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  • Scientific Understanding

Scientific Understanding


Diagram of air flow within a low pressure system 

Left Image: Schematic of low pressure system with associated atmosperic conveyor belts - Comet program. Right image: Various air masses in North America -



Meteorologists must have a thorough understanding of the science of meteorology and atmospheric motions in order to accurately predict the weather. As meteorologists continue to probe the atmosphere, performing more experiments and studies, we grow in our understanding of what creates various weather patterns and how to forecast these patterns. 

One area of meteorological study important to residents of the Great Lakes region is the interaction that takes place between the air, the land, and these huge bodies of water. Accurate forecasts of winds and waves on the lakes are critical to both the crews of the large freighters making their living on the lakes and to the recreational boater or fisherman enjoying time on the water.

Role of Stability and Pressure Changes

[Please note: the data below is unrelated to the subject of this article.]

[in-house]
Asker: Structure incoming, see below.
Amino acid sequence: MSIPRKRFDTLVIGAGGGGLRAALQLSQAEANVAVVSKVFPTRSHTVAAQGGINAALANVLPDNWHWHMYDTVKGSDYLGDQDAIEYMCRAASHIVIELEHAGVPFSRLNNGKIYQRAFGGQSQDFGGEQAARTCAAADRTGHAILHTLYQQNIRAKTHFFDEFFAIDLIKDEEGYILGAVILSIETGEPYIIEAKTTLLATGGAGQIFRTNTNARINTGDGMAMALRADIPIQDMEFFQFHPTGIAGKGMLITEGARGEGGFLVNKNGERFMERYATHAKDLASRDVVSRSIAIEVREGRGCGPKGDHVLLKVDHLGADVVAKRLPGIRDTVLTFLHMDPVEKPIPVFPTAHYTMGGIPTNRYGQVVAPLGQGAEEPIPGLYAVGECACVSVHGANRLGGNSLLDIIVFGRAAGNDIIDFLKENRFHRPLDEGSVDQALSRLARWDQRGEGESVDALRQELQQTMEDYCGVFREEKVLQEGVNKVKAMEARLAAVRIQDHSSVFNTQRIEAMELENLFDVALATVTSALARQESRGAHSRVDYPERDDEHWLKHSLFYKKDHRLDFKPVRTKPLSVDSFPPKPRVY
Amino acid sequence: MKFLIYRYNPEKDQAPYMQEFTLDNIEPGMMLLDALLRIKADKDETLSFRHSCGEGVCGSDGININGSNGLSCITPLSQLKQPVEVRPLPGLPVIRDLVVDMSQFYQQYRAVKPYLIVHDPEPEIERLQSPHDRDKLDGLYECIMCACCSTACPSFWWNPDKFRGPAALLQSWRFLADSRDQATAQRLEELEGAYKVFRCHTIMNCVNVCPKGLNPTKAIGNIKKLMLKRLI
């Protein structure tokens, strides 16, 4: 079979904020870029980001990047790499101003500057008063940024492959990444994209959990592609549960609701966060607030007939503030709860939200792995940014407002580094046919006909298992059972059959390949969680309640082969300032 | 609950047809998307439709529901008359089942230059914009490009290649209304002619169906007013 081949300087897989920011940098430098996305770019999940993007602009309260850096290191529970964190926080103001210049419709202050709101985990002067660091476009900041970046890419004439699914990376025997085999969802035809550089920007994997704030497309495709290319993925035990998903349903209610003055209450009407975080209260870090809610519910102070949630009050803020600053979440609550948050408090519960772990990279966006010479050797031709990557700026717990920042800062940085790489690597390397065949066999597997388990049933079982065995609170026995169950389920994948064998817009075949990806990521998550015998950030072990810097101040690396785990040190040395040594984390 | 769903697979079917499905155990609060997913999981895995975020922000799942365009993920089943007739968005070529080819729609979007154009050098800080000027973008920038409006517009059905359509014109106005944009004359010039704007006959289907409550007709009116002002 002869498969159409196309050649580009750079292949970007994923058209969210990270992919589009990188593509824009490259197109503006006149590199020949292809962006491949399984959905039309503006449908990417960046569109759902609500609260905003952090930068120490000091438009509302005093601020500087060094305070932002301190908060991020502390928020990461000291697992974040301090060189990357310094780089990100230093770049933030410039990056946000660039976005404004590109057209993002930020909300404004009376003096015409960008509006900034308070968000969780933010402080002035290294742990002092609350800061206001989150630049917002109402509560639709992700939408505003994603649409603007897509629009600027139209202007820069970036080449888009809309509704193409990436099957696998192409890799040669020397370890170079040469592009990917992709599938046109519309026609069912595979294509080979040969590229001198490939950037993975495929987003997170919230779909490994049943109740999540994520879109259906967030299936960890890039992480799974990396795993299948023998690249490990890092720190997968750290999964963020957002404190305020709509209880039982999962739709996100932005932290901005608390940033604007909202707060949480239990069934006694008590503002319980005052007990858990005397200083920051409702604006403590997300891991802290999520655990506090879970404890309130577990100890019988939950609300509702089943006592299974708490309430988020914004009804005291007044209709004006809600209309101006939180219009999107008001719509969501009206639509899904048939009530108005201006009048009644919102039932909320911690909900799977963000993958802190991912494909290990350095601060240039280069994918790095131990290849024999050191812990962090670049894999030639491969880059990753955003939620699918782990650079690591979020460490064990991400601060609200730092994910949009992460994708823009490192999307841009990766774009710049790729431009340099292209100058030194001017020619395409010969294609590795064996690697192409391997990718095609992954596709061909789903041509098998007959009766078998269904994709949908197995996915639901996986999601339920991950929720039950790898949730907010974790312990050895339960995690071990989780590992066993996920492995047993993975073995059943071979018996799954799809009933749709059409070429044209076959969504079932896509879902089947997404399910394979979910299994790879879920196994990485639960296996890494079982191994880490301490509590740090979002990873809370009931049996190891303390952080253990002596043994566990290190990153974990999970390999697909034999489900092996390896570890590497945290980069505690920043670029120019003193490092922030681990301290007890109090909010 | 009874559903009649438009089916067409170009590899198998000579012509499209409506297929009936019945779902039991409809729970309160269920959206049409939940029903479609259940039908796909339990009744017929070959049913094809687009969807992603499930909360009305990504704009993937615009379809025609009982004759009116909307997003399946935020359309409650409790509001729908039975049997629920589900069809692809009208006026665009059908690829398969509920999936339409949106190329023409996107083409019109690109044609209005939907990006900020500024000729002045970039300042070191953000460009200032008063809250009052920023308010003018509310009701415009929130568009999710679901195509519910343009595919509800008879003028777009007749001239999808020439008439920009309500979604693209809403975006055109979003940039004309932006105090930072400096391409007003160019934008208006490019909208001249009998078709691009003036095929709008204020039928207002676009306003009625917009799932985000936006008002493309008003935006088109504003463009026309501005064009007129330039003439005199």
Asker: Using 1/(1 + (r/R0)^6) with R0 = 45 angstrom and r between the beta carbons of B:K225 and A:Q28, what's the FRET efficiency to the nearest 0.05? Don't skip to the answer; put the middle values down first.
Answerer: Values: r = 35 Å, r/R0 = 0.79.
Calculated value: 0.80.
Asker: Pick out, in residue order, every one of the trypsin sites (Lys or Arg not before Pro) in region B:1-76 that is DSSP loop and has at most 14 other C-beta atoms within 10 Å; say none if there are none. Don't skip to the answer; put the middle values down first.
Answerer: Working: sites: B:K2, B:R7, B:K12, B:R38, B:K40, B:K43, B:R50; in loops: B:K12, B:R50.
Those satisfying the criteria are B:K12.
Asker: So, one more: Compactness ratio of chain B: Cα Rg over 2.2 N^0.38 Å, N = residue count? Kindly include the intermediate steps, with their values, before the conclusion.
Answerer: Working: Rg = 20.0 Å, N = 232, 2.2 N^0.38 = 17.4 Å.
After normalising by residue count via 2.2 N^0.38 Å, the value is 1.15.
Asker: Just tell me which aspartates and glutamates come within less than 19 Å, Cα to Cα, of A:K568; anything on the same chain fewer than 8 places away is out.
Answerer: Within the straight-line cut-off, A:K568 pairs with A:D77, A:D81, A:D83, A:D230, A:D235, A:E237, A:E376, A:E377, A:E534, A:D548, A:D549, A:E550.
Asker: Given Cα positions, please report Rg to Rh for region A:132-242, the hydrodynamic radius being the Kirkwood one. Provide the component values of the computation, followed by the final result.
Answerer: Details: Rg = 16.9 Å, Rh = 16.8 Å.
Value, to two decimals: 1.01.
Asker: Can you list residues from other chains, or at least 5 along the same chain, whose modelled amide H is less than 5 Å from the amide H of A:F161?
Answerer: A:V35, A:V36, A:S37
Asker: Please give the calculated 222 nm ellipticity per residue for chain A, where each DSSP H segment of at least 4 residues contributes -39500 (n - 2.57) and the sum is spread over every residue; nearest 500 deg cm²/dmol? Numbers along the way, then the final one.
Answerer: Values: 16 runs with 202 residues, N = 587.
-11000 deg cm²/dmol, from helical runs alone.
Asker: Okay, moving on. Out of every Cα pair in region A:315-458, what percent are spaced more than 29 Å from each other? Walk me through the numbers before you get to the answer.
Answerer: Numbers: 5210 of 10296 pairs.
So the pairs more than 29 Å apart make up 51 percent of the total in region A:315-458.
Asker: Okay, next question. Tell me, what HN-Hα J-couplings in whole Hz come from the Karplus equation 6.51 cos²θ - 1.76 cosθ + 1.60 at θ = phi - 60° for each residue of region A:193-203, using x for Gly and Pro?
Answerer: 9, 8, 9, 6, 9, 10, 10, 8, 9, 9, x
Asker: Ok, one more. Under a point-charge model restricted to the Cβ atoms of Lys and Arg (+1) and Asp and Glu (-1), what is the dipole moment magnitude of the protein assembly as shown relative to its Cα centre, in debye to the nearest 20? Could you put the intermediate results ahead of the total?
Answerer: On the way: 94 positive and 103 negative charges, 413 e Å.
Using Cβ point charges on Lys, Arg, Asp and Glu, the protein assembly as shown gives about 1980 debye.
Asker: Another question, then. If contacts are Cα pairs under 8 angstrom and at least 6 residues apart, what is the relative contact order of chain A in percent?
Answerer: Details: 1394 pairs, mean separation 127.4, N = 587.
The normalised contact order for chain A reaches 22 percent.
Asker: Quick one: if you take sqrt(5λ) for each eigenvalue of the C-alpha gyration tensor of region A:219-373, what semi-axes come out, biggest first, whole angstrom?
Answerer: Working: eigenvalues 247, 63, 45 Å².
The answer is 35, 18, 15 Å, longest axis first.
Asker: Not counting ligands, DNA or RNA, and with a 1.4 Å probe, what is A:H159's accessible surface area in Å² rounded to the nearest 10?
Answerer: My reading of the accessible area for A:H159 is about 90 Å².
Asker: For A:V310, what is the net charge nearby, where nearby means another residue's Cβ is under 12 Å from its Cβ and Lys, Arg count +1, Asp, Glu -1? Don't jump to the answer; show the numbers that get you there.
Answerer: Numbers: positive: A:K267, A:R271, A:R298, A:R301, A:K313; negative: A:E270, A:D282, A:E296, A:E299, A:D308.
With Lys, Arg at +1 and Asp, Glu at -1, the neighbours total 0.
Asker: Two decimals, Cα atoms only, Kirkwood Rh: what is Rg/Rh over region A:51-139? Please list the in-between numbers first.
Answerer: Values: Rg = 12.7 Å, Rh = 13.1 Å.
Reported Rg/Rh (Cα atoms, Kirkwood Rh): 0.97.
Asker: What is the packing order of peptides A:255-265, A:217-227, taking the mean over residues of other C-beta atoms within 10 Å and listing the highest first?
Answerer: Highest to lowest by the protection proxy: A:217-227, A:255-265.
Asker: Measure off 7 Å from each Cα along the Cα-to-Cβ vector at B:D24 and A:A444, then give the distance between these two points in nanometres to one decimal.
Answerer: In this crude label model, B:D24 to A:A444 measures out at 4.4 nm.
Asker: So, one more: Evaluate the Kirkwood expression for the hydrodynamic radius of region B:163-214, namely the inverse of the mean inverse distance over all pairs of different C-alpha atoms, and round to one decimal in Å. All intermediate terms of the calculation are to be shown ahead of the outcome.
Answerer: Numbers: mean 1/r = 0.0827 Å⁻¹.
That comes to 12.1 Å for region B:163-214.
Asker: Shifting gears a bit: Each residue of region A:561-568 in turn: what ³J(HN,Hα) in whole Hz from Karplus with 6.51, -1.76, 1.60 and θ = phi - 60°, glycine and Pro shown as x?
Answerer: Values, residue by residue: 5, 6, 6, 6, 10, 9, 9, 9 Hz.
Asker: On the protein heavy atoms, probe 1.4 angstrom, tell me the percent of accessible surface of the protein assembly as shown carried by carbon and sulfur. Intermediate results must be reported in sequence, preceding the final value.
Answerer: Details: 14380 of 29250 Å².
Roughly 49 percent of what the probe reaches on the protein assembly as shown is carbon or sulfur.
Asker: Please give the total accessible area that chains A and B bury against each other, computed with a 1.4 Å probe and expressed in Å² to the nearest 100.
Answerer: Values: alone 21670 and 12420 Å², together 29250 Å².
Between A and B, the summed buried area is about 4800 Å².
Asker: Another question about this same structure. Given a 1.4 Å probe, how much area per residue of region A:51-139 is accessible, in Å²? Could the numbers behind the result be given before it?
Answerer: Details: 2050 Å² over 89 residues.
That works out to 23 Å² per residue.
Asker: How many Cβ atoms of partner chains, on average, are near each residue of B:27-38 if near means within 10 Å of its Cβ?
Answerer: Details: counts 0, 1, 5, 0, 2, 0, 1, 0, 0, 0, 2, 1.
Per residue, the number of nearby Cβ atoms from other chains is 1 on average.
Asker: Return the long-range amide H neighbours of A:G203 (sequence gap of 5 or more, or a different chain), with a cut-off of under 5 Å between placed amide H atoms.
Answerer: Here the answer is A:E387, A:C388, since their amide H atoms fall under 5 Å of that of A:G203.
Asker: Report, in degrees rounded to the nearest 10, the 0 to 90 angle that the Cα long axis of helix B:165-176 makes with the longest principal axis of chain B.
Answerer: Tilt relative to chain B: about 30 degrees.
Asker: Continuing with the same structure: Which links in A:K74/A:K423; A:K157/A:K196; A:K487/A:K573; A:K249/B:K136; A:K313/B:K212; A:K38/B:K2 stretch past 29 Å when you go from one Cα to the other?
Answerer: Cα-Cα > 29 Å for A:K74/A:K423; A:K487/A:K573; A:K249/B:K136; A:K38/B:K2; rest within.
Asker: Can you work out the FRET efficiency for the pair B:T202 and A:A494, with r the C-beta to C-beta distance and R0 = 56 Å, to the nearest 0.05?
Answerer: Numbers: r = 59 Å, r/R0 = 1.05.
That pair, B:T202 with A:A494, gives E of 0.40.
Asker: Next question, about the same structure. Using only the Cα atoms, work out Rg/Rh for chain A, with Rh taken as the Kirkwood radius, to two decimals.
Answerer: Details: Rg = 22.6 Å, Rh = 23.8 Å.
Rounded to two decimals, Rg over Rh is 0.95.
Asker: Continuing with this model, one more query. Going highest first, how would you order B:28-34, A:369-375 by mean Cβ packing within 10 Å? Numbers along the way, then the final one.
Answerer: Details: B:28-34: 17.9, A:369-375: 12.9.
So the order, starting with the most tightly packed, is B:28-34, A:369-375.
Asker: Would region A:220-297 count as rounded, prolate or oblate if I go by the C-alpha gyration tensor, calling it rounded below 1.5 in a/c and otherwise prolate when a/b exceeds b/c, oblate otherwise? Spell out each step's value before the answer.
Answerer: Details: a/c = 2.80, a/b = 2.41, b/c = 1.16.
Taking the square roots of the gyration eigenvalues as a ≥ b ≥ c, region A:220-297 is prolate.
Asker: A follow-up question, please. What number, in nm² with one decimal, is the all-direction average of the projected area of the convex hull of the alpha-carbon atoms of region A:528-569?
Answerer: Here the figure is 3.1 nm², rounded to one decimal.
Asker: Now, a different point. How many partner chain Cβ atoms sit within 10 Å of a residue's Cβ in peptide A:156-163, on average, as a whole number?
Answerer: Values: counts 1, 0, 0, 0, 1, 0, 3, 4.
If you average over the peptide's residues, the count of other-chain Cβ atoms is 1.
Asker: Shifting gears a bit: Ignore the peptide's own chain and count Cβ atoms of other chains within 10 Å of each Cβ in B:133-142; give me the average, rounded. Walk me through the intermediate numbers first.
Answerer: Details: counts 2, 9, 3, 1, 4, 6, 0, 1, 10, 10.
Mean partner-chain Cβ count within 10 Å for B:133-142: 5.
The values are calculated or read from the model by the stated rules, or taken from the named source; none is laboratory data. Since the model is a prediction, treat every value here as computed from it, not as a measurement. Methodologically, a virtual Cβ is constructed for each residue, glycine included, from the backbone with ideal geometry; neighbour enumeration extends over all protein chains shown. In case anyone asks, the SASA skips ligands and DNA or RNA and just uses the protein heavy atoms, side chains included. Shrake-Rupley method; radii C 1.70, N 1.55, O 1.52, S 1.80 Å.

In order to provide accurate wind and wave forecasts, meteorologists must study the effects of different air masses on the lakes in the generation of waves and look at the different factors important to producing waves. For example, in 1980, NOAA researchers Liu and Ross studied different samplings of winds, wave heights, and water surface temperatures. They concluded that atmospheric stability plays a role in the growth of waves. They showed that the wind speeds and fetch distance needed to generate the same wave heights are less for an unstable atmosphere than for a stable one. This was an important advancement in meteorology since the 1975 Fitzgerald storm as the atmosphere over the Great Lakes is frequently unstable during the fall and early winter.

Another area of important research is in rapidly deepening low pressure systems such as the one associated with the Fitzgerald storm. NOAA and NASA researchers extensively studied flow around low pressure systems during the late 1970s and early 1980s, identifying different flow patterns not clearly understood. As a result of this research, forecasters gained a better understanding of the effects of jet stream winds on the development of deepening low pressure systems. This advanced knowledge allows today's meteorologist to provide more accurate and detailed forecasts.

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